The simple fact is that the arrival of US shale production means OPEC are no longer the swing producer, able to control the world market. The quotas will have little effect in themselves, as most of the participants will cheat. Instead, they will simply help to boost US oil and gas production, whilst turbo-charging the use of smart meters.
OPEC’s core problem was also highlighted by the recent announcement by the US Geological Survey of:
“The largest estimate of continuous oil (shale) that USGS has ever assessed in the United States.The Wolfcamp shale in the Midland Basin portion of Texas’ Permian Basin province contains an estimated mean of 20 billion barrels of oil, 16 trillion cubic feet of associated natural gas, and 1.6 billion barrels of natural gas liquids
“The fact that this is the largest assessment of continuous oil we have ever done just goes to show that, even in areas that have produced billions of barrels of oil, there is still the potential to find billions more.”
The US is already well on the way towards energy independence within the next 5 years, as BP have reported. OPEC’s move will therefore prove totally counter-productive, as it will simply support the growth of natural gas, renewables, and energy efficiency. (This inter-active map from the University of Texas shows the dramatic growth in the role of gas and renewables for US electricity production).
Saudi Arabia had therefore adopted the right policy in the summer of 2014, in recognising that market share was the key to success. Anyone who cuts back on oil sales today in the hope of higher prices, risks being unable to sell in the future. But, of course, Saudi has now had to change course for geopolitical reasons, as I discussed last week. With President-elect Trump about to take office, it can no longer rely on its Oil-for-Defence deal with the USA.
Trump’s arrival will add to OPEC’s problems, as his 100-day Action Plan aims to:
“Lift the restrictions on the production of $50tn worth of job-producing American energy reserves, including shale, oil, natural gas and clean coal.”
Fracking technology is now well understood in the US, and becoming very efficient due to the introduction of horizontal drilling techniques. It is therefore unlikely that OPEC’s new quotas will have much impact on the global oil market. Most OPEC and non-OPEC producers will cheat, as usual. And today’s temporarily higher prices are simply going to further increase the overall supply glut by incentivising higher US oil and gas output:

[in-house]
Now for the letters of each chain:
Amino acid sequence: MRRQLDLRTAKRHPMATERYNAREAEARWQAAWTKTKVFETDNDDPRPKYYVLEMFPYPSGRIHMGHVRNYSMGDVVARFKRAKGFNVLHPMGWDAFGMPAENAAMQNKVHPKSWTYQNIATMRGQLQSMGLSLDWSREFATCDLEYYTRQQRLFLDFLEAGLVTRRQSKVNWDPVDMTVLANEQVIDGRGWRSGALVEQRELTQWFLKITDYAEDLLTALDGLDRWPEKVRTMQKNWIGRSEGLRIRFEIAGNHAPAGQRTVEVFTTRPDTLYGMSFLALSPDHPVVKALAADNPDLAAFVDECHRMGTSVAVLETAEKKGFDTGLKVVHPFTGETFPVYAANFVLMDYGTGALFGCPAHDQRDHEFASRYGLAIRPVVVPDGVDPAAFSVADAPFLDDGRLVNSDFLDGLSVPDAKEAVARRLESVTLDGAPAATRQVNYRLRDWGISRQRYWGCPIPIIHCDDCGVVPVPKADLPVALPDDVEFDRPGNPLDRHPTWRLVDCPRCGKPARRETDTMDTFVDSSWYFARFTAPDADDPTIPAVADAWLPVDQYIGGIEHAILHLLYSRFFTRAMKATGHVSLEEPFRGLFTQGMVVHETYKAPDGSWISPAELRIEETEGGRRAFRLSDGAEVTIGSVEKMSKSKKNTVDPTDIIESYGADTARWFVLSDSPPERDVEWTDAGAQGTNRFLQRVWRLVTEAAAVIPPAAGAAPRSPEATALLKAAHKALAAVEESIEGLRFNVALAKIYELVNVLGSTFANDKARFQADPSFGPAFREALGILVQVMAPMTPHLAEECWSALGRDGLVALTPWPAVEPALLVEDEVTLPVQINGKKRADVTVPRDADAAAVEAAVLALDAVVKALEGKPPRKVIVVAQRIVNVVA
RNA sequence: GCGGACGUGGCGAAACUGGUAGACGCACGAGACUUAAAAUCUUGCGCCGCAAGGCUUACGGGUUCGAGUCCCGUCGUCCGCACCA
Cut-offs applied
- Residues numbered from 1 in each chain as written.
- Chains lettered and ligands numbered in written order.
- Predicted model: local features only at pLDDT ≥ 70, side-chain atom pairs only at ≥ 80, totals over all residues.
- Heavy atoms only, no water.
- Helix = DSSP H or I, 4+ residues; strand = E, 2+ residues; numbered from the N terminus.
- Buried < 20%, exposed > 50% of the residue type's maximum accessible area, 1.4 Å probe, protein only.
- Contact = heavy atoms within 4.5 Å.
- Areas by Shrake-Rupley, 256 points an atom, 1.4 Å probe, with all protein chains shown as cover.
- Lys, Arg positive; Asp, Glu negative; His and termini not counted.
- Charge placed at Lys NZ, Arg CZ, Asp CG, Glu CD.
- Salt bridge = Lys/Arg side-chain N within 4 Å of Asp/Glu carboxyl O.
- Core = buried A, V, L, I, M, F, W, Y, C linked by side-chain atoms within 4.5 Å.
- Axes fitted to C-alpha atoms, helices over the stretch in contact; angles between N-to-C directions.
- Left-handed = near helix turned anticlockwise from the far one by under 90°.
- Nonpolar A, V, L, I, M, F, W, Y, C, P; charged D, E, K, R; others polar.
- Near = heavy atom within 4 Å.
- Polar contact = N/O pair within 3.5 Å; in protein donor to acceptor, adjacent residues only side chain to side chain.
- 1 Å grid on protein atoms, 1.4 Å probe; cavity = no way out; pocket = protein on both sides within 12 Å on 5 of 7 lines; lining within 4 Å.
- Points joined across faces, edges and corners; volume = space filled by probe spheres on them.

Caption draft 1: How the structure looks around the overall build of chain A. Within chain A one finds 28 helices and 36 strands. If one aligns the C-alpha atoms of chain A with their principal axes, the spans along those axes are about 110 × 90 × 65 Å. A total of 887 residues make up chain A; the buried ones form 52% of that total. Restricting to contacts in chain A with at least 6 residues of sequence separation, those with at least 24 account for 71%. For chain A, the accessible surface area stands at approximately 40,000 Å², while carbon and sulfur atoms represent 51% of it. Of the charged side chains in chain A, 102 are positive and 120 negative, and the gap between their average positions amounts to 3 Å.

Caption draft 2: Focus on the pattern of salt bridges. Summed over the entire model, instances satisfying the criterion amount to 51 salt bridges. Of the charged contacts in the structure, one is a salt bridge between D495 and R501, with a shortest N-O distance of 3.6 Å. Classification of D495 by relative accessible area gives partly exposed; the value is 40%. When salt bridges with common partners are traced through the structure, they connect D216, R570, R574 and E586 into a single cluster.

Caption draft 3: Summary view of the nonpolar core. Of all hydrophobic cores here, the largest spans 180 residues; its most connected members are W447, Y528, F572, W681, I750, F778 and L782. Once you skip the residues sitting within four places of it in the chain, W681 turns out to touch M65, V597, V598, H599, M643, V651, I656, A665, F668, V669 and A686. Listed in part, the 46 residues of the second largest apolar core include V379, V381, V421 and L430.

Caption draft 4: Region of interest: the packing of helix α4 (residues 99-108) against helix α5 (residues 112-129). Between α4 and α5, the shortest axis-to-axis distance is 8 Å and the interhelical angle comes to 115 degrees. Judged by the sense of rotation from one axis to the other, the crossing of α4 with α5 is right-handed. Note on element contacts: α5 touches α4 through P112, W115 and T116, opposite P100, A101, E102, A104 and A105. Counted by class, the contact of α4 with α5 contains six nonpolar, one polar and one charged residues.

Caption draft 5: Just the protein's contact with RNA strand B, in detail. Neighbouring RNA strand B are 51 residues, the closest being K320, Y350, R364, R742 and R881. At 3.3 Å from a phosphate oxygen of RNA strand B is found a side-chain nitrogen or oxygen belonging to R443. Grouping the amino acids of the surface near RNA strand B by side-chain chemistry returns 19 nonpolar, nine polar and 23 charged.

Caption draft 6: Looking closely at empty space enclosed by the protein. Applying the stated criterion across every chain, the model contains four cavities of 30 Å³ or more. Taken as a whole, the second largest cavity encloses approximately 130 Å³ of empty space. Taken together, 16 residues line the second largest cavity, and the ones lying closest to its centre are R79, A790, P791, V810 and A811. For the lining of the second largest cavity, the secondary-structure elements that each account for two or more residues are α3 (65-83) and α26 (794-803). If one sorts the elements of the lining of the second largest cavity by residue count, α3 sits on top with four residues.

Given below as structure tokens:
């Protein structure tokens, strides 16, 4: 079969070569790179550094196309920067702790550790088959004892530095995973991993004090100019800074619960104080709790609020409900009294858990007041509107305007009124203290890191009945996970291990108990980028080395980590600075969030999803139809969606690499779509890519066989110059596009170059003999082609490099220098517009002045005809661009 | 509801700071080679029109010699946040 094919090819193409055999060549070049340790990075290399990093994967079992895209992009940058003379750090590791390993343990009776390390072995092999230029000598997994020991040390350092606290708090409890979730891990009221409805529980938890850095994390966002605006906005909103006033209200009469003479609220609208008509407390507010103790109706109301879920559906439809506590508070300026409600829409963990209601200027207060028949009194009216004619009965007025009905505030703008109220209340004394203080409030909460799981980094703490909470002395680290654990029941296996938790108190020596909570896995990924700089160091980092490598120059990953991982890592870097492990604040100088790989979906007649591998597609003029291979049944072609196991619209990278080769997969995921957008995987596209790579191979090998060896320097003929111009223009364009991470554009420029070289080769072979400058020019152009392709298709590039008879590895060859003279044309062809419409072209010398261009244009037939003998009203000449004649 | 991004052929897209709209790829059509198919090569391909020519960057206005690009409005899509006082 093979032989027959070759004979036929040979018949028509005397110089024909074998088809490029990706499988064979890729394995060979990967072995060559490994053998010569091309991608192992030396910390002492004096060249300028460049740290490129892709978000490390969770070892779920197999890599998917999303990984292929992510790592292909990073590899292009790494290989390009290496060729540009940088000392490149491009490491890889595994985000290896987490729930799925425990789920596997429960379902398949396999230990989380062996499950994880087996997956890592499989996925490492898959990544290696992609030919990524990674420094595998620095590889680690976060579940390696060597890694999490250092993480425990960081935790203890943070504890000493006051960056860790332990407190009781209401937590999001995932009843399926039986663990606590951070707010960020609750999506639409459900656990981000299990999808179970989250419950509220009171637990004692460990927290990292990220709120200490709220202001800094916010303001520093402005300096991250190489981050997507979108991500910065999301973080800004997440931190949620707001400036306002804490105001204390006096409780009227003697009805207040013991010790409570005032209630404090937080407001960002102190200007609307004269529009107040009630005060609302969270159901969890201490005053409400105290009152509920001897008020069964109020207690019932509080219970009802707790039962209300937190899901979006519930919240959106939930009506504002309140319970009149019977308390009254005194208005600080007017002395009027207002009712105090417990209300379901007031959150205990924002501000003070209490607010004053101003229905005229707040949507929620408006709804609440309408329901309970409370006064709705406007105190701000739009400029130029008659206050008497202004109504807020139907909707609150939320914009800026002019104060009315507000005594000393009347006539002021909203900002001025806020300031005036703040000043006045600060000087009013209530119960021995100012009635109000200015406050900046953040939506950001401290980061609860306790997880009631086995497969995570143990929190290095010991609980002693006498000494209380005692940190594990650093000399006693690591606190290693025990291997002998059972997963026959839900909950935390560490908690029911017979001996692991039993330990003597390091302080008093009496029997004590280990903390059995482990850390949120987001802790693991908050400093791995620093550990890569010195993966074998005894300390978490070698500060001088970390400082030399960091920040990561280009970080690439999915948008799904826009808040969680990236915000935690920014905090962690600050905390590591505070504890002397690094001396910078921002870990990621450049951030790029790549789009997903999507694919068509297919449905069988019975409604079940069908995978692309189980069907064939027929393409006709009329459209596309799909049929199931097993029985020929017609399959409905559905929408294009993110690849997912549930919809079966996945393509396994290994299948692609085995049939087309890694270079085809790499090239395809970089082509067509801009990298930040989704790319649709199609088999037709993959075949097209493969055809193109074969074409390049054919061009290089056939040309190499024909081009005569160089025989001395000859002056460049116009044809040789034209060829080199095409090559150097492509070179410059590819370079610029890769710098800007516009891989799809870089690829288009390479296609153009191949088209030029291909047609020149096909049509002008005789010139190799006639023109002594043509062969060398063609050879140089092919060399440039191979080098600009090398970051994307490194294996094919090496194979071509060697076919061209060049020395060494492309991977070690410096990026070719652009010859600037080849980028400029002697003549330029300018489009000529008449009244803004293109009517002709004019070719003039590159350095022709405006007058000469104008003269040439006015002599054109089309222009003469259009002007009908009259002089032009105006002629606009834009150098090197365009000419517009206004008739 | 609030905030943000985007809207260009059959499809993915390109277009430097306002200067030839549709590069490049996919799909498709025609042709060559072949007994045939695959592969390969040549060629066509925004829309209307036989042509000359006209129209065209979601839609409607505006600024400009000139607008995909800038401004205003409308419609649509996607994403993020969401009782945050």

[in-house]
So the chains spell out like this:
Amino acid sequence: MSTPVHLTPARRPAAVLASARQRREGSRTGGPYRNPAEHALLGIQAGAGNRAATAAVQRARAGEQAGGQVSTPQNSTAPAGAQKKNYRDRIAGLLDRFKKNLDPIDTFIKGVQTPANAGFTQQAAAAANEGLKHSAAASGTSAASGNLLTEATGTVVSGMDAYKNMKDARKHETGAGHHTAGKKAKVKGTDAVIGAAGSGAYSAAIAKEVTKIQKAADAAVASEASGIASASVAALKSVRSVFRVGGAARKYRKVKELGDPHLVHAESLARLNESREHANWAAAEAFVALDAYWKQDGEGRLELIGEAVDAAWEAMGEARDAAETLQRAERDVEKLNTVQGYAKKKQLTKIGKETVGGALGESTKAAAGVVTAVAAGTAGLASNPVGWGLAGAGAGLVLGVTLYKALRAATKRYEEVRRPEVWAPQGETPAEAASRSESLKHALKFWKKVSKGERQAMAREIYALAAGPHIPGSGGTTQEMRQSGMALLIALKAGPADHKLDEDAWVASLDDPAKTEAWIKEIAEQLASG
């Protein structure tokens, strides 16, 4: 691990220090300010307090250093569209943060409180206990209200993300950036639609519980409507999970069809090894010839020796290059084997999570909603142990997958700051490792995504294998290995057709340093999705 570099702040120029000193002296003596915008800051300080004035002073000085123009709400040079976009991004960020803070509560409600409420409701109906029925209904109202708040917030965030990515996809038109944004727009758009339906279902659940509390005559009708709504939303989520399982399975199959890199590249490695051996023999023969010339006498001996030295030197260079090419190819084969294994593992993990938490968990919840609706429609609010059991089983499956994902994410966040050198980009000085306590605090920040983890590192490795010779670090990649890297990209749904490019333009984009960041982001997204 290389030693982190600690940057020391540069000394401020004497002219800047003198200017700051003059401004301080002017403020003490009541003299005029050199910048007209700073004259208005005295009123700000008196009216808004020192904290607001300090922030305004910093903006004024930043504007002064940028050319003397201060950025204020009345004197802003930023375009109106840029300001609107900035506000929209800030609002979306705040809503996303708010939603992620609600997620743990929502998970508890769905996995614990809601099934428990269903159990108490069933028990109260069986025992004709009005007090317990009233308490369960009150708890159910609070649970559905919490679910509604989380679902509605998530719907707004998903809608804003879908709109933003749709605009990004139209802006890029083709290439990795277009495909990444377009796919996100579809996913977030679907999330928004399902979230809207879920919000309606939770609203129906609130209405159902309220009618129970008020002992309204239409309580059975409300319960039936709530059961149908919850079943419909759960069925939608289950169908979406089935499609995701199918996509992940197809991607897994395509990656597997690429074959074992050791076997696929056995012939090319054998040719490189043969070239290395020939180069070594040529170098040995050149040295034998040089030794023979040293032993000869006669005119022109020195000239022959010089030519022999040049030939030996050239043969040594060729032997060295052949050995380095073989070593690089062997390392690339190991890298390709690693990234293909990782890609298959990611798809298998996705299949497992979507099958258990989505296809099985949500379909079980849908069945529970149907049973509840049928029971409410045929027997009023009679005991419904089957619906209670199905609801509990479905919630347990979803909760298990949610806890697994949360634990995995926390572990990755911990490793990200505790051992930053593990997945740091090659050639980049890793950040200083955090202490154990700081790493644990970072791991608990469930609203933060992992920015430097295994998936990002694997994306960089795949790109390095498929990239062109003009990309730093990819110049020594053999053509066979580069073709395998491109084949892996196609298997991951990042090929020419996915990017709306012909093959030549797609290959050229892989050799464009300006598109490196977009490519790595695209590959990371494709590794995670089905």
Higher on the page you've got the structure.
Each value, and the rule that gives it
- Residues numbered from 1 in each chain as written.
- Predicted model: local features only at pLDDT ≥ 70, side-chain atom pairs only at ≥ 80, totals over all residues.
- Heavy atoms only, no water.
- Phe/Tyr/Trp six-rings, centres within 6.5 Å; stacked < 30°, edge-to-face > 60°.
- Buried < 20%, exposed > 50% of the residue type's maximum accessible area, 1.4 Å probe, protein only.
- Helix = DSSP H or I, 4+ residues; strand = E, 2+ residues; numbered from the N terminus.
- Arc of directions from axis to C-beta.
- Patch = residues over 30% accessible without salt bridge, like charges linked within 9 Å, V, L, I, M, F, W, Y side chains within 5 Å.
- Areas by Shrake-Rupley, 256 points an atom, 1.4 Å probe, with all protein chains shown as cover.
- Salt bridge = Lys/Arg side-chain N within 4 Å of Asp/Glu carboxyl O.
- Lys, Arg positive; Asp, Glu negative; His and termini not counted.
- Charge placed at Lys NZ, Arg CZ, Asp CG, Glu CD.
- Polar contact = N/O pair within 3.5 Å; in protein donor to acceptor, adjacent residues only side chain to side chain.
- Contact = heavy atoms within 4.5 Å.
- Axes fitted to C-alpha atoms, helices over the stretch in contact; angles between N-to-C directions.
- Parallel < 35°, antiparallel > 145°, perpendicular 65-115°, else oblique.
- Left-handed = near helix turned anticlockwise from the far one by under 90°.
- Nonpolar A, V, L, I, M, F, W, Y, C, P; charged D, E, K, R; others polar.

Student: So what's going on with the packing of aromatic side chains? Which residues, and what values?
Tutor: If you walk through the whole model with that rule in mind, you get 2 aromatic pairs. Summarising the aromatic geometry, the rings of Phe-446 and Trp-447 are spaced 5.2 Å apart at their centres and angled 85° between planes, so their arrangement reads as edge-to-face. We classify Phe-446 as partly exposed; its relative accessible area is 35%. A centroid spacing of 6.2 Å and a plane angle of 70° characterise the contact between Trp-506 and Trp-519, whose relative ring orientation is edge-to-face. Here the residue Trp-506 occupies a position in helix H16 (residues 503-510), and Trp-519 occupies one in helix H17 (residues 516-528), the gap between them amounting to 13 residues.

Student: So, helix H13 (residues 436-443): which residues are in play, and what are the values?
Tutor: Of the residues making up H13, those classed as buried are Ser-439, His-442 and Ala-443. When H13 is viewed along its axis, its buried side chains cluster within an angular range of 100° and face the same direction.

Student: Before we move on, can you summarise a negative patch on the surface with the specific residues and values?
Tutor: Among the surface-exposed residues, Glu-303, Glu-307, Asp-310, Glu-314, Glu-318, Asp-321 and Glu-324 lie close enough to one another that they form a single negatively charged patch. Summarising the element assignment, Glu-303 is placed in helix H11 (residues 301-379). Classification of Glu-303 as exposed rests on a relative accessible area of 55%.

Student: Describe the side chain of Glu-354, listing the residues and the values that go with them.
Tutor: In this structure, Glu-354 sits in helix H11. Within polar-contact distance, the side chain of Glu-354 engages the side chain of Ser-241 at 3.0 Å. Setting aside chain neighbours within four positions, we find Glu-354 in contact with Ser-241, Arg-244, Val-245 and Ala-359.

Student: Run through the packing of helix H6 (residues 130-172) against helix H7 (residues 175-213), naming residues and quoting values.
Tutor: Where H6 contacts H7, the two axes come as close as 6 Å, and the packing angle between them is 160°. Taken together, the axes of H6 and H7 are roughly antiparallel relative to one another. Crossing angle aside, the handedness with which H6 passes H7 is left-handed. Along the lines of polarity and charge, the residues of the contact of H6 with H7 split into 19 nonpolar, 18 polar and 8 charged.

The recent price rises have already enabled US producers to lock in very attractive margins into 2019
They will also support US oil exports into Asia, one of OPEC’s key markets. BP is currently sending the first shipment, of 3 million barrels, and others such as Sinopec and Trafigura are following
They will also support US natural gas production, where the US became a net exporter last month. US gas exports have already risen 50% since 2010, and the US Energy Department expects it to become the world’s 3rd largest exporter after Australia and Qatar by 2020. This is very bad news for oil demand, as it means gas will be even more competitive in world energy markets.
Equally important is the rise of energy efficiency as a topic for action. This was first flagged by ExxonMobil in 2009, when they argued:
“The most important ‘fuel’ of all, will be energy saved through fuel efficiency“.
Now, thanks to climate change, efficiency has reached the top of the political agenda. Smart meters will soon provide more than a billion consumers with the ability to avoid wasting energy, as the World Energy Council report this month:
“China is the leader of the smart metering market with 250 million units, in Asia plans are underway to reach 70% coverage, and 40% of American households have a smart meter. At European level, Italy and Sweden are the leading examples (close to 90% of consumers have smart meters). Furthermore, the Energy Efficiency Directive requires EU member states to deploy smart meters by 2020.”
The arrival of smart meters means that consumers now have an alternative to paying higher prices, as they can more easily identify where they are wasting energy, and cut back.
Developments such as the growth of US oil and gas production, plus the growth of smart meters, means that the energy world is going through major change. In this New Normal world, OPEC risks becoming irrelevant if it continues to try and turn back the clock to the 1970s with its pricing policies.